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December 2014

Best and Worst Performers for 2014

     This has been an interesting year for metals to say the least. With prices wreaking havoc on numismatic portfolios and investments, discretionary cash reserves have dwindled as well. Gold and Silver began the year at $1,225 and $19.94, respectively. There were some wild ups and downs during the year with many betting on the wrong direction which led to some substantial losses for investors.

     Below is a graph showing the significant changes in the price of Gold from the first trading day of each month. What this graph does not show are the daily dramatic swings that created much of the negative impact on interest in buying bullion related coins.

Price of Gold from the first trading day of each month

     Throughout the year there have been thousands of coins changing hands, some selling for record prices and others trading at discounts. Using the NumisMedia 500 we can see which coins have had the greatest price increases and also which ones lost the most ground.

     One of the top gainers for 2014 was the 1875 $5 Gold in AU55; it began the year at $95,500 and nearly doubled to the current $182,500 Market price. This date had an original mintage of just 220 coins and the highest certified by either PCGS or NGC is an AU58. There are only 12 coins certified in all grades from XF40 to AU58.

     Another big winner was the 1864 S $10 Gold in XF40, which gained 102.7% for the year from $18,500 to the current Market of $37,500. This is also a low mintage issue with only 2,500 coins. No coins have been certified in Mint State and there are only 29 coins certified by PCGS and NGC in grades VG10 through AU55. There are a number of factors leading to these impressive price increases, predominantly many of these rare coins have not been on the market for some time so the previous price data was outdated.

     The coin with the greatest percentage increase for the year was the 1885 S $20 Gold in MS65, with an increase of 132.94%. There are only two coins certified in this grade, both by PCGS, and there are none higher. This date does not have a particularly low mintage with 683,500, but the majority of the coins that were saved from the melting pot were not as nice as some other dates. With only two highest grade coins available, Registry collectors have little from which to choose. Below is a chart of some of the highlights of the top gainers for the year.

 
Date/Denomination
 
Grade
 
% Gain
Current
Market Price
1861 S Seated DimeMS66112.31%$34,500
1863 $20 GoldAU5388.03%$11,000
1870 S Seated Half DollarMS6570.89%$20,250
1919 S Standing Liberty QuarterMS67 FH66.67%$125,000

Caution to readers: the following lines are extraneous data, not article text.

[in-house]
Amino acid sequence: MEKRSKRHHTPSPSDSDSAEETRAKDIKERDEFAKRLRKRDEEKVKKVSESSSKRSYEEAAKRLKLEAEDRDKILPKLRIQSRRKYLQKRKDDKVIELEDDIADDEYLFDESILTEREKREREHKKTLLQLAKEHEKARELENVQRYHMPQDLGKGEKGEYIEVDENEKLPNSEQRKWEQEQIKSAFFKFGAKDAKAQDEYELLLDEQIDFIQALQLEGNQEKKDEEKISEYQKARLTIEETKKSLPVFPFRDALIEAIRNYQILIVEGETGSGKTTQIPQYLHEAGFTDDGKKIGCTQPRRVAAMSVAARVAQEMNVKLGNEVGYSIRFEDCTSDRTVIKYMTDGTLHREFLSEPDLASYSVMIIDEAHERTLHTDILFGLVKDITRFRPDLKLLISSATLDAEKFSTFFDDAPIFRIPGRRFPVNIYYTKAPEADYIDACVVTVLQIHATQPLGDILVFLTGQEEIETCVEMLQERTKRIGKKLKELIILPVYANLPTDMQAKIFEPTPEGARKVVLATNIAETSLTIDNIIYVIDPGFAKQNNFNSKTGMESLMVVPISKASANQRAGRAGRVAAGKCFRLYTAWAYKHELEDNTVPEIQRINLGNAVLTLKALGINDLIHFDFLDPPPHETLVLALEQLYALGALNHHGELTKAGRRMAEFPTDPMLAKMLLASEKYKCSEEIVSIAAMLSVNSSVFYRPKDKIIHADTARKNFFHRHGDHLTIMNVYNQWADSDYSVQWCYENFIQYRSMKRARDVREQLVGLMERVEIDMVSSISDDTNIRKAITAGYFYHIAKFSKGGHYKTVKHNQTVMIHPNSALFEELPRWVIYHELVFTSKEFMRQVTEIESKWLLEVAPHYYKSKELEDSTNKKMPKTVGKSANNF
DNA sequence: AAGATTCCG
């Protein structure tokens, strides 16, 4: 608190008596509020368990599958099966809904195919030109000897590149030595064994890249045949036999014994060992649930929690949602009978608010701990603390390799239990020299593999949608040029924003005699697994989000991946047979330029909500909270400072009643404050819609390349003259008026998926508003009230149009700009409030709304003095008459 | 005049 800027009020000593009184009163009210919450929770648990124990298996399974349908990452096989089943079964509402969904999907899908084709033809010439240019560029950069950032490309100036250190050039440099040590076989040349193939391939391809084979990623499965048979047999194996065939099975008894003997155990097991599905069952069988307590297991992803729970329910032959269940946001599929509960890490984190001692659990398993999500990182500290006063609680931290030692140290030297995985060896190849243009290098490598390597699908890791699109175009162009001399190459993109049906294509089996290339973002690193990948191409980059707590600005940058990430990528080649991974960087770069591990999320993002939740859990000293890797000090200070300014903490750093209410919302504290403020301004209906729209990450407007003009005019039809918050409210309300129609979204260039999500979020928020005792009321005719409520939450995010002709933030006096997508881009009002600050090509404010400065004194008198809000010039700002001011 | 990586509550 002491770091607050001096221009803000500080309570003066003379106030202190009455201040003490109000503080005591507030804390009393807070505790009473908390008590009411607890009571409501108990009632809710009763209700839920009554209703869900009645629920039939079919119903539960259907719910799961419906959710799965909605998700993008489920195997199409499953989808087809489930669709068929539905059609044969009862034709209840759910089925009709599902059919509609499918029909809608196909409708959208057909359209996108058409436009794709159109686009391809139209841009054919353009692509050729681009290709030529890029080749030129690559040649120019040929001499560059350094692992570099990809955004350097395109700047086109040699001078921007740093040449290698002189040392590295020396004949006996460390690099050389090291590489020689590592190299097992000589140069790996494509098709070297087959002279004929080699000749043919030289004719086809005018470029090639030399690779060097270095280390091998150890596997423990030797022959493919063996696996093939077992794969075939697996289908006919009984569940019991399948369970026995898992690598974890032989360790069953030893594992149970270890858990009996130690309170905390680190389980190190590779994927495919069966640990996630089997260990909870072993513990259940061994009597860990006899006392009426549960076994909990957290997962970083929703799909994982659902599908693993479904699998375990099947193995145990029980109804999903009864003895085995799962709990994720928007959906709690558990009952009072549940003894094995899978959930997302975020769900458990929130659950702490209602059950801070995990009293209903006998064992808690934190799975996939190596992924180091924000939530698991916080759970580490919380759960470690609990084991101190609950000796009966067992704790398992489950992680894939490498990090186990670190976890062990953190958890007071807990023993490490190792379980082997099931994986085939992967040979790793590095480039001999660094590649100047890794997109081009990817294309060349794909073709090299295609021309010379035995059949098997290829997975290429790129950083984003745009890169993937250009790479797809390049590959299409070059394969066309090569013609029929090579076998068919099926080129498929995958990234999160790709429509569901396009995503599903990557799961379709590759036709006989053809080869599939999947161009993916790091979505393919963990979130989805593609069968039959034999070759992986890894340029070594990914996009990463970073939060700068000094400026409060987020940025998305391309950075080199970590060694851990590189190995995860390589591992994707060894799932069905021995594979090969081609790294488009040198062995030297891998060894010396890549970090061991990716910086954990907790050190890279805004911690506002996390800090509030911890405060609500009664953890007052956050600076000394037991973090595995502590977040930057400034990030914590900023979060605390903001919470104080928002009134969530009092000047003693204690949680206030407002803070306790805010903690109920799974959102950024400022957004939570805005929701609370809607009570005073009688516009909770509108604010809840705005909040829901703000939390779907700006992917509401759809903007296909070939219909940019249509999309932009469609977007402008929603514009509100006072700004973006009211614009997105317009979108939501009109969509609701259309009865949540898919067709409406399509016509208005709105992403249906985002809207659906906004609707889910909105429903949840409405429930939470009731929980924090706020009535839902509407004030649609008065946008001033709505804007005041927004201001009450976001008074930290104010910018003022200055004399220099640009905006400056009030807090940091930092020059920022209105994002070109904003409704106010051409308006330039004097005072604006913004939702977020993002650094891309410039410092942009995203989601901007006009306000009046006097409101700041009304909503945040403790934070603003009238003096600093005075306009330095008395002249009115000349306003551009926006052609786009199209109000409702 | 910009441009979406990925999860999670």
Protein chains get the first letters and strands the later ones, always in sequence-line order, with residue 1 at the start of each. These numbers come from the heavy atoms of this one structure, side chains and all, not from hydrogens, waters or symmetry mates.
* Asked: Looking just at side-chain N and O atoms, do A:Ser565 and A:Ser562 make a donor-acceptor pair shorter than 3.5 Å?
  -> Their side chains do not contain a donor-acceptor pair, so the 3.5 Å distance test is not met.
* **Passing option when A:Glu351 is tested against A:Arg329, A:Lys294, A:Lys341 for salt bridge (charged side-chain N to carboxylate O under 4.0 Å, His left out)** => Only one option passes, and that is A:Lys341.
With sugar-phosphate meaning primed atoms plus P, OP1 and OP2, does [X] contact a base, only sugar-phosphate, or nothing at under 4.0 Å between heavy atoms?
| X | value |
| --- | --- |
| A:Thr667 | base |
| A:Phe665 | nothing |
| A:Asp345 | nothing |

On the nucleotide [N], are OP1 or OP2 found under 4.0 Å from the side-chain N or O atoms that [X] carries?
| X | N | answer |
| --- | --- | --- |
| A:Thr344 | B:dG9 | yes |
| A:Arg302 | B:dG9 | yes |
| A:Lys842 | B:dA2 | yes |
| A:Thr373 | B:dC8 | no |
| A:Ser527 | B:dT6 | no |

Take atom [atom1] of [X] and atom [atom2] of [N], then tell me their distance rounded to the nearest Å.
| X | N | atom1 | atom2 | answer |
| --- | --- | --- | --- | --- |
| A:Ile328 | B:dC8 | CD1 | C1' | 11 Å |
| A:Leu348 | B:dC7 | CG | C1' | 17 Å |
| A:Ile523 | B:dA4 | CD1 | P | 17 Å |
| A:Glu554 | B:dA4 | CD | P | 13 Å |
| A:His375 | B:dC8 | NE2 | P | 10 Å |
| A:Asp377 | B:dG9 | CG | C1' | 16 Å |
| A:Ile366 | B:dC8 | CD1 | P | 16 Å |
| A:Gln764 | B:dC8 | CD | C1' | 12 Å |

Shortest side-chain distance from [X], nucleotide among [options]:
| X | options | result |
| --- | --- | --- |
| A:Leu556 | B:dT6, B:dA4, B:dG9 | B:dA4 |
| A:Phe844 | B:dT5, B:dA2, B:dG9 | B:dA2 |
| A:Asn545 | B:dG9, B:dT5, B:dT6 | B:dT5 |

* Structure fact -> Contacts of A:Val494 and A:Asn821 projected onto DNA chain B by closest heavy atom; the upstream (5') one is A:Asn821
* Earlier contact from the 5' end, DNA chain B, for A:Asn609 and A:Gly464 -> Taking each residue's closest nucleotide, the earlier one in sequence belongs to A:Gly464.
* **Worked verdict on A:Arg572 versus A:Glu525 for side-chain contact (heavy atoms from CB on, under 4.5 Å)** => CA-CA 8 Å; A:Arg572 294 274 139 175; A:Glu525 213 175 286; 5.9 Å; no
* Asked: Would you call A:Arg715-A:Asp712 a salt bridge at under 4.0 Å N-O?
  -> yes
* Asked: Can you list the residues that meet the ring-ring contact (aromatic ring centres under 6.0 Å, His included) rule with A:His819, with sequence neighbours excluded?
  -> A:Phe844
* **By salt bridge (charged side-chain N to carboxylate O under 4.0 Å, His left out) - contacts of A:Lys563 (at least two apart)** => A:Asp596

1859 $10 Gold MS6257.14%$27,500
1886 $20 GoldXF4050.91%$41,500
1870 CC $10 GoldVF2048.48%$24,500
1796 Draped Bust DimeMS6747.73%$325,000
1881 $20 GoldAU5842.35%$60,500
1826 $5 GoldMS6641.82%$390,000

     An interesting note about the coins that have increased so dramatically this past year is that many of them are circulated coins; they aren’t the best grades for the date but they are truly rare coins. In most cases, for these rare circulated coins, the populations drop quickly as the grades improve. If you could have purchased the above ten coins at the beginning of the year at the then listed Market price the total cost would have been $707,950 compared to today at $1,059,750; that would be a profit of $351,800. Of course, we suspect it would have been difficult to locate these coins, let alone purchase them at those prices.

     There were several thousand other coins that had price increases in 2014. Even the 500th coin listed in the NumisMedia 500 gained 21.02% for the year; it is the 1880 $2 ½ Gold in AU58. It increased from $785 Market to $950.

     Conversely, there were coins that did not have such a good year. Nobody likes to dwell on the negative but the facts are readily apparent. The following list illustrates a few of the notable declines for the year.

 
Date/Denomination
 
Grade
 
% Gain
Current
Market Price
1939 S Washington QuarterMS67-50%$975
1849 $1 GoldMS61-41.3%$270
1857 $1 GoldMS62-37.5%$375
1936 Wisconsin CommemMS68-33.88%$3,025
1909 D $5 Gold IndianMS63-32.06%$890
1876 CC Seated HalfMS65-31.45%$5,450
1887 $10 GoldPR65 Cameo-30.95%$72,500
1951 BTW CommemMS66-30.77%$180
1896 Morgan DollarMS67-29.52%$2,925
1938 S Washington QuarterMS67-28.64%$785

     Although we chose to exclude modern bullion related coins because of their generic nature, the majority of the declines are made up of modern issues as well as much of the common dated U.S. Gold. A reversal of form in 2015, with the metals showing better results, could make for a much different set of best and worst performers next year.









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